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Author Archive: "John-Paul Flintoff"

How to Change the World

I wanted to write another book. The previous two were regularly described as "fun" and "funny," but this one would be based around the ideas of Gene Sharp, the Boston-based academic once described as the "Clausewitz of non-violence." (Are you still with me? Hang in there for a second.)

Sharp's work inspired and underpinned the wave of peaceful revolutions that swept across Eastern and Central Europe in the late '80s. More recently, it helped to inspire the Arab Spring.

For a long time, I thought my book might be called 198 Ways to Bring Down a Dictator without Violence. But that wasn't to be.

I want to be very clear: I'm a huge fan of Sharp, whom I've had the privilege to meet. But I didn't get very far with my book idea. And perhaps that's because I don't personally want to bring down any dictators.

To say this is not to say that I think dictators are great or support them in any way. I know there are plenty out there, some of them real stinkers, but the truth is that they're far away from me and ...

Celebrating Your Triumphs

When was the last time you changed your behavior because of something somebody said? Don't think too hard — it was probably only a few minutes ago.

The things we say, and the way we say them, have an enormous effect on the people around us. Through communication we can draw people's attention to things that need fixing — and, if we choose our words with care, we can even fix things just by talking.

I'm not talking only about Fixing Big Things — as when leaders of warring nations sit together to make peace or union leaders meet with bosses to find a workable compromise. I'm talking also about the tiny, everyday interactions that can transform the way we think about the world — our world, if not necessarily the whole world.

One of the most significant exchanges I've had this week was with a friend, Catherine Stagg-Macey, who was about to leave for a party celebrating the end of her current employment and the start of a new life running her own business. I offered my congratulations. And, because we happened to be talking on the day ...

In Praise of Friends

If you think this post is going to be all about my book, forget it. Instead, I want to tell you about my friend Roman Krznaric, who is blogging here next week. We're being published together, on the same day. And I can assure you that Roman's book, How to Find Fulfilling Work, is really something.

But Roman can tell you about that himself. I want to tell you about Roman.

When I first heard his name, I visited Roman's website and found some great writing there, like this story which seems to me to owe a debt to the late, great Studs Terkel. I also listened to things like Roman's talk on Outrospection. To be honest, I was a bit daunted, but since then we've done a number of events together. I've found that, as well as having lots of interesting ideas himself, Roman is great at sparking ideas out of others.

Recently, we met together at an art gallery in London. We talked about the books we've just published, and about our new projects. Roman gave me new ways to think about ...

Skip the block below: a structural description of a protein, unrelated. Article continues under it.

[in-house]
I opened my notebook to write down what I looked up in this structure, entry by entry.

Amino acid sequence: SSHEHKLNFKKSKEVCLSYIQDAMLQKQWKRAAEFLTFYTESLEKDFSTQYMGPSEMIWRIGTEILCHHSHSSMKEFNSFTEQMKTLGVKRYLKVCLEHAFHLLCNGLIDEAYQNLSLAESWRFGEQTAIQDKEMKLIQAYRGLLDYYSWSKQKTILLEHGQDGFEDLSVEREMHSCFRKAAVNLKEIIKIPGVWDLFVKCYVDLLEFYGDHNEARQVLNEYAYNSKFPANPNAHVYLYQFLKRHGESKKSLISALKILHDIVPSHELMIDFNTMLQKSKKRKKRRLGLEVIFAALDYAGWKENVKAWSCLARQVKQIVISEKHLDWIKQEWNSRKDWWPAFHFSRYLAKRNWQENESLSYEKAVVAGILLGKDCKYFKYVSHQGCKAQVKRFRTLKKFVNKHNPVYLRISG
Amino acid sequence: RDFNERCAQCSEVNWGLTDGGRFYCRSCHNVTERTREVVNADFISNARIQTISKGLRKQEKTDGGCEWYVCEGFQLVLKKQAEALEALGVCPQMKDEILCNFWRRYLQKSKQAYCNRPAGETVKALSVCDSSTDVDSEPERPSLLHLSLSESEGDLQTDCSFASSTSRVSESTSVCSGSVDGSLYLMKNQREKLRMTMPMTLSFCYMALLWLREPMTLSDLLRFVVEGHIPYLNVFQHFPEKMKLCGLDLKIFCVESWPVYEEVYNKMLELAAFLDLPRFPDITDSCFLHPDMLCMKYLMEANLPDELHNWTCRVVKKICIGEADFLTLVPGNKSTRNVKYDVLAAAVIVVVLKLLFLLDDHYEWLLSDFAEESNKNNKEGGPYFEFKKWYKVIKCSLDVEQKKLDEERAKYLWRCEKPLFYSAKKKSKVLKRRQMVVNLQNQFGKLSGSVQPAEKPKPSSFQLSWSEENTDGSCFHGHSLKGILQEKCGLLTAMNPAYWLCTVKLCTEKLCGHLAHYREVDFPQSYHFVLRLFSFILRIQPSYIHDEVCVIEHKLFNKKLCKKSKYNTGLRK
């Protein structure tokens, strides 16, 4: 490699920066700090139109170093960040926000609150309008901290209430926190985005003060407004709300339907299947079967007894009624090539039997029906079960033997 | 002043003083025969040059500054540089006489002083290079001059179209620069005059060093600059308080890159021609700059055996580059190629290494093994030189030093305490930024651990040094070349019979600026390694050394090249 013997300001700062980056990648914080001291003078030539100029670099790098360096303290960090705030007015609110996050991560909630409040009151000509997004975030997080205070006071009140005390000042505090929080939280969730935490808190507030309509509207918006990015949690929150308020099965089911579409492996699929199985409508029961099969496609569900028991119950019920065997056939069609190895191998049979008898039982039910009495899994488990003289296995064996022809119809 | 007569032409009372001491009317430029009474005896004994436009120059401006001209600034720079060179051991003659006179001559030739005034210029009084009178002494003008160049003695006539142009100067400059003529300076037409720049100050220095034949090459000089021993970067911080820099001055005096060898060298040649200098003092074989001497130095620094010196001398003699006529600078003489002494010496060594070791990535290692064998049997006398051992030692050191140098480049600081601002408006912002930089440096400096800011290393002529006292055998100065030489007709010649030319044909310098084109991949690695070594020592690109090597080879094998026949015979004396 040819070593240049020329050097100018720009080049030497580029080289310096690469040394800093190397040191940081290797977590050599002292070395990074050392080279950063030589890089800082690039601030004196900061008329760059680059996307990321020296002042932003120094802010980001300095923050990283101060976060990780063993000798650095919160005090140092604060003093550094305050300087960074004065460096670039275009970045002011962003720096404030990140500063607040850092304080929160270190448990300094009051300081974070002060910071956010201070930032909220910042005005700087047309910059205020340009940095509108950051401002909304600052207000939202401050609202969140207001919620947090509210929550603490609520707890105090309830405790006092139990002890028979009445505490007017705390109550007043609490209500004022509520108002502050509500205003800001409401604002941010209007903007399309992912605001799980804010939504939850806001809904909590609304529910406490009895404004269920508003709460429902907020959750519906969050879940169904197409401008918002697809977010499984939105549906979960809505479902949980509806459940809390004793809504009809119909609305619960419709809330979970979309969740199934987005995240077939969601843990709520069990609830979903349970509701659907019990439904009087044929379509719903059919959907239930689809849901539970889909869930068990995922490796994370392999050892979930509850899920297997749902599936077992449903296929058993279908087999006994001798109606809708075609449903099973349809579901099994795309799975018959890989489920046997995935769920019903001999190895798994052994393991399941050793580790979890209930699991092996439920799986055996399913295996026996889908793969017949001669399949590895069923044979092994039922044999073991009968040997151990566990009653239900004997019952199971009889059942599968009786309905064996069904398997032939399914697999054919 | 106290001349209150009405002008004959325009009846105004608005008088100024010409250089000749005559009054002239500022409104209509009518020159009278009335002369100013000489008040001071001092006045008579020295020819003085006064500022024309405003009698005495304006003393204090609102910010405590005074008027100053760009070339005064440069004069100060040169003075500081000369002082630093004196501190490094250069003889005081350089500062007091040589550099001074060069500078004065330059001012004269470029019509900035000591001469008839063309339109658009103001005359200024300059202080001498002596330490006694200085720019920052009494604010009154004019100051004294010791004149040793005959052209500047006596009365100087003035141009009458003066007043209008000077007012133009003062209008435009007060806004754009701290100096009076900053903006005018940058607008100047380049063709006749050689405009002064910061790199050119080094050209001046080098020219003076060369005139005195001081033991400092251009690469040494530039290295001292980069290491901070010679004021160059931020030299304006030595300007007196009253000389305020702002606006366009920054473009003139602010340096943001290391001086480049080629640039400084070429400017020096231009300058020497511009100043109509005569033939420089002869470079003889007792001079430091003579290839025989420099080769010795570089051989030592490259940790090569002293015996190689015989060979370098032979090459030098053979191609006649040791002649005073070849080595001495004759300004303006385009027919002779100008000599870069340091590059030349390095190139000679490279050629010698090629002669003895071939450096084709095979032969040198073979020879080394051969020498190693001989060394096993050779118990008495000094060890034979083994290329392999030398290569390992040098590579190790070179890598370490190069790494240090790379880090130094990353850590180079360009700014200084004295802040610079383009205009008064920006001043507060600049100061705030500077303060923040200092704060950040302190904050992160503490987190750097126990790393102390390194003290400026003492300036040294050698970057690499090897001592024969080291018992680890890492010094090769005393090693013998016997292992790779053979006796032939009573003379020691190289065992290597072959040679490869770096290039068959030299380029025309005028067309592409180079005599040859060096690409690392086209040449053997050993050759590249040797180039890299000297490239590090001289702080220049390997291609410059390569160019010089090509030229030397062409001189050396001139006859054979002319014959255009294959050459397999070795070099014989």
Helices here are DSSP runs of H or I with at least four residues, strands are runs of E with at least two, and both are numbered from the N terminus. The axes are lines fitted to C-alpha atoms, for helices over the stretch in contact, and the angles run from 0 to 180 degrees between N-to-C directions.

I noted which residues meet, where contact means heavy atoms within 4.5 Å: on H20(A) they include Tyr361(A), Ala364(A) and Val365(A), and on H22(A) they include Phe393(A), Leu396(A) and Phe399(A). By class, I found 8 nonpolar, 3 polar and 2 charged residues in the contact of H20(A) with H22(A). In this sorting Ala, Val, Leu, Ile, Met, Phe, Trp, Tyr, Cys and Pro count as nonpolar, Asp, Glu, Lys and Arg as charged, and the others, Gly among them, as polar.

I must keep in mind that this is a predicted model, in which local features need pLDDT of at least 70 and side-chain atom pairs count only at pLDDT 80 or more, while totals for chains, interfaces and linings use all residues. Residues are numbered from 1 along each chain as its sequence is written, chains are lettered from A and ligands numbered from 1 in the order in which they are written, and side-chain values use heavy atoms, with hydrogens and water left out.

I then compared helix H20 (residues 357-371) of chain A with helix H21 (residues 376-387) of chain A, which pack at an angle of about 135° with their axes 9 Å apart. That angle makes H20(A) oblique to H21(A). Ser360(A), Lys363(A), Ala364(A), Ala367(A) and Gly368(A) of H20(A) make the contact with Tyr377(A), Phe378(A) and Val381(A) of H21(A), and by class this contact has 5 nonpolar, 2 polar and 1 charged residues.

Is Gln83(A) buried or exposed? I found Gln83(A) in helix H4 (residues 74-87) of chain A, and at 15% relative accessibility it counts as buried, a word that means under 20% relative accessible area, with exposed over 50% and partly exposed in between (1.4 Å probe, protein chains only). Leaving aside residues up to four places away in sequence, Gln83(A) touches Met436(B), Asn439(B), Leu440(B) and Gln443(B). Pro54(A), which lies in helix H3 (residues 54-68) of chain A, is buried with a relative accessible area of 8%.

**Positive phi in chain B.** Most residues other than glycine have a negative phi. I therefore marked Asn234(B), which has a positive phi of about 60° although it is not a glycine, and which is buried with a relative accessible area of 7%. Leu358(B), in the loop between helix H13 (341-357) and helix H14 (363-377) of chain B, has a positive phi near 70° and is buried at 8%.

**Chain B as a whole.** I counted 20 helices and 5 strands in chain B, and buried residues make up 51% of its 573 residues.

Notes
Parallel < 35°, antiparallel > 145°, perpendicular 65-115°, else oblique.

How Change Starts

I've been trying to make myself a better writer — and a better human being — as part of the growing Quantified Self movement.

When I was researching the mysterious process of how change happens for my book How to Change the World, I compared the broad, sweeping theories of political scientists such as Gene Sharp, the Boston-based advocate of nonviolent struggle, with the insights of the self-help industry. In both cases, change starts with observation — noticing what needs to change — followed by a clear declaration of that observation.

In the Quantified Self movement, substantially comprised of nerdy types, we use technology to get the measure of ourselves. Specifically, I use apps such as Lift, on my iPhone, enabling me to monitor progress by awarding myself a big green tick every time I complete one of the tasks that I want to turn into habit.

Lift offers various suggestions of habits you might like to consolidate, many of them already being actively pursued by other Lift users globally. When I joined up, I selected habits from a list of popular ones: drink more water (50,000+ participants). Easy ones: ...

We Can Be Heroes (Yes, You Too)

Recently, I was feeling stuck with a problem I couldn't resolve. So I asked Nelson Mandela for advice.

I don't need to tell you the details, because the advice was given in strict confidence. But I strongly recommend that if you too get stuck you try getting in touch with Nelson yourself.

And if Nelson can't help, ask somebody else. Oprah Winfrey, perhaps. Or Genghis Khan. Or Lord Byron. Anybody you like, really.

As should be obvious by now, you don't absolutely need to ask the real Nelson Mandela, because he may never get back to you . But you can ask the version of him who is available to you at any time, in your head. Or your own private version of Oprah, Genghis, or the author of Don Juan.

We all have heroes, though we might not use that word to describe the people we admire. Over time, they may change. (I no longer bow down, as I did when I was a boy, before the very idea of certain sportsmen.) In each case, we admire them for particular qualities — not for the entire, flawed person that they ...

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